This blog does not plan to join that particular fray.

I played organized sports for many years. When the opposing team scored a win, you seldom bolstered your position by declaring that the other side won because of favorable weather, luck...clever self-promotion, or friends in the social justice warrior camp of New York publishing.

Money is one way of keeping score, and John Scalzi just scored a $3.4 million win. Whatever you think of him (and this blog has severe reservations about his character and motives) a win is a win.

Politics in fiction: Gray Mountain, by John Grisham

My video review of Gray Mountain by John Grisham.

Not a bad book, overall. Even when John Grisham mostly fumbles something, he fumbles it well. 

Nevertheless, Gray Mountain stands out as an "issues book" first, and a novel second. 

Watch the video below for more details:


Tuesday, May 26, 2015

Trigger warnings in academia

Writing in the Wall Street Journal, Peggy Noonan recently took trigger warnings to task. (Trigger warnings are a recent innovation of PC-obsessed academia):


"...social justice warriors always portray themselves—and seem to experience themselves—as actively suffering victims who need protection. Is that perhaps an invalid self-image? Are you perhaps less needy than demanding? You seem to be demanding a safety no one else in the world gets. If you were so vulnerable, intimidated and weak, you wouldn’t really be able to attack and criticize your professors, administrators and fellow students so ably and successfully, would you?"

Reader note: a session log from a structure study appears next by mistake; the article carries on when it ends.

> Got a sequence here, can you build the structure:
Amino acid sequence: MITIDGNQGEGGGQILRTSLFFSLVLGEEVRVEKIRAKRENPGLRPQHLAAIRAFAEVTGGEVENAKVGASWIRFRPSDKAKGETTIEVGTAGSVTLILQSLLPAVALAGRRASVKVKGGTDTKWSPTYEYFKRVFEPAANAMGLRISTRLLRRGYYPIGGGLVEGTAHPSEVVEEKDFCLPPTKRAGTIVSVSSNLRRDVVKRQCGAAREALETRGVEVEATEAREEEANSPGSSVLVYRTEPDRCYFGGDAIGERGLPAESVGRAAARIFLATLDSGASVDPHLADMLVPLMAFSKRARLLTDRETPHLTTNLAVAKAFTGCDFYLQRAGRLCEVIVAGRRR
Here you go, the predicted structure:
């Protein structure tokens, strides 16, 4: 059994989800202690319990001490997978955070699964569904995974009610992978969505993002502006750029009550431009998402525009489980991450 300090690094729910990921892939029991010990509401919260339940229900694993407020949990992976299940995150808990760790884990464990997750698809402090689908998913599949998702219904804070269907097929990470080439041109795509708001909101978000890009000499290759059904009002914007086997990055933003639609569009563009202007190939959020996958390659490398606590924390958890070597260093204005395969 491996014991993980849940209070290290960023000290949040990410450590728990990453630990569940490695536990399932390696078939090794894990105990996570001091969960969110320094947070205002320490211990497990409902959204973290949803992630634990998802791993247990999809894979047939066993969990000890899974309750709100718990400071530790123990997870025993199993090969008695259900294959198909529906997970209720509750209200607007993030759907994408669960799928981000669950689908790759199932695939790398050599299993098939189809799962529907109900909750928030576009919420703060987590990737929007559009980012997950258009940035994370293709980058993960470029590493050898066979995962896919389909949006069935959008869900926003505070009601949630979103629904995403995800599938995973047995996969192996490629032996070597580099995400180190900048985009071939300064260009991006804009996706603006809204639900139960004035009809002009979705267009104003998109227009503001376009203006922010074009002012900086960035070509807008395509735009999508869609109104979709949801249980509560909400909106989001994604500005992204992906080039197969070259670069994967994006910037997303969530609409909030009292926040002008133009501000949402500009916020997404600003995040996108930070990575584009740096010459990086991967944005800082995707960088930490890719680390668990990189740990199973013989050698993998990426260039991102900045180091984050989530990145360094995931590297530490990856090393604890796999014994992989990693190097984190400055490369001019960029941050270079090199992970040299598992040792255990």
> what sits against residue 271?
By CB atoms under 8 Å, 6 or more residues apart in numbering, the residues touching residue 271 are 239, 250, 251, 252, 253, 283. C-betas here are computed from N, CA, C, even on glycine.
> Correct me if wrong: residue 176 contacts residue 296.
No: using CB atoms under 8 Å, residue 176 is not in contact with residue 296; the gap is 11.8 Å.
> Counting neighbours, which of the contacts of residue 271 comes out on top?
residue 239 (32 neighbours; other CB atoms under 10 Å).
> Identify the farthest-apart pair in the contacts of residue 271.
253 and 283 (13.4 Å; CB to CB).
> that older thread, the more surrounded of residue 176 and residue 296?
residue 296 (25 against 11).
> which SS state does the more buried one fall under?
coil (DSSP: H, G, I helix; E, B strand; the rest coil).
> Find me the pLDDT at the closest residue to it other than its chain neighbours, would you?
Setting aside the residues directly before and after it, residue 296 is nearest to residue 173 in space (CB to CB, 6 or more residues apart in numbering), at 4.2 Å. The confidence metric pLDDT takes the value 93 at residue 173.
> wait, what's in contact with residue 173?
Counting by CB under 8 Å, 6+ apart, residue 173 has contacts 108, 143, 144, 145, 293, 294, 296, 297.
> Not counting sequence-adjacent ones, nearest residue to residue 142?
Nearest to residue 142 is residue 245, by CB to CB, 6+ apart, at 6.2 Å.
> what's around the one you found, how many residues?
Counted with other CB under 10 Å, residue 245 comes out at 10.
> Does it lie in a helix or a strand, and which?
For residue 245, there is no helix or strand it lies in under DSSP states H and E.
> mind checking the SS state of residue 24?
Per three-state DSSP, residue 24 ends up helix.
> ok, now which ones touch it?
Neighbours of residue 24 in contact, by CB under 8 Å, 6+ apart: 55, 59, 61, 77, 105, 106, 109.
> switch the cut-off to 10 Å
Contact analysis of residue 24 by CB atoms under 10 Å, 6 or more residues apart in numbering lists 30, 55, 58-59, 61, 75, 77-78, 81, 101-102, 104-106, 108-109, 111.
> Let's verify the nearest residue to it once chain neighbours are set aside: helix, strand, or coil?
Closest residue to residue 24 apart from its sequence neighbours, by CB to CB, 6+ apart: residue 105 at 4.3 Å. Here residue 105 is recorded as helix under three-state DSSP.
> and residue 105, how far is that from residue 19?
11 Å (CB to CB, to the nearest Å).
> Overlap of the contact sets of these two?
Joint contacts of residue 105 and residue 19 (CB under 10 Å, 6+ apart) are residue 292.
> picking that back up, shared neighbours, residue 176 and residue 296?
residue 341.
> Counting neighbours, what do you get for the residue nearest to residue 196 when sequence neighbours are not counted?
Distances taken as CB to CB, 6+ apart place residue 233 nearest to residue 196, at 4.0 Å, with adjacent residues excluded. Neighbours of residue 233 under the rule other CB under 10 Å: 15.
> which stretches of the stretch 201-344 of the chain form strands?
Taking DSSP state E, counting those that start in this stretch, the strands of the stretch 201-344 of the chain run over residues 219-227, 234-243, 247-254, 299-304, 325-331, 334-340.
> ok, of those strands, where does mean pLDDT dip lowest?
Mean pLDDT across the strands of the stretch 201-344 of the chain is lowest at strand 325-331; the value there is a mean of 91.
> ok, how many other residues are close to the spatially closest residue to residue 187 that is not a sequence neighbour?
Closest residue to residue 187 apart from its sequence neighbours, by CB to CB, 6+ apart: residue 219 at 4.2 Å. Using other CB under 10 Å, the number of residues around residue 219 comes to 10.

For my recent thoughts on the same topic, watch the video below:



Monday, May 25, 2015

Bring back the military draft?





On Memorial Day, a hearty thank you to all who have served or are serving in the U.S. military and allied forces.

And for today, a military question: Representative Charlie Rangel and others have argued that the military draft should be reinstated.

The arguments of Rangel and other are not frivolous: Since the end of the Vietnam era, military service has become the task of an increasingly smaller group of Americans. 

However, a military draft of the 20th century variety likely would not meet the needs of the US military in the 21st century.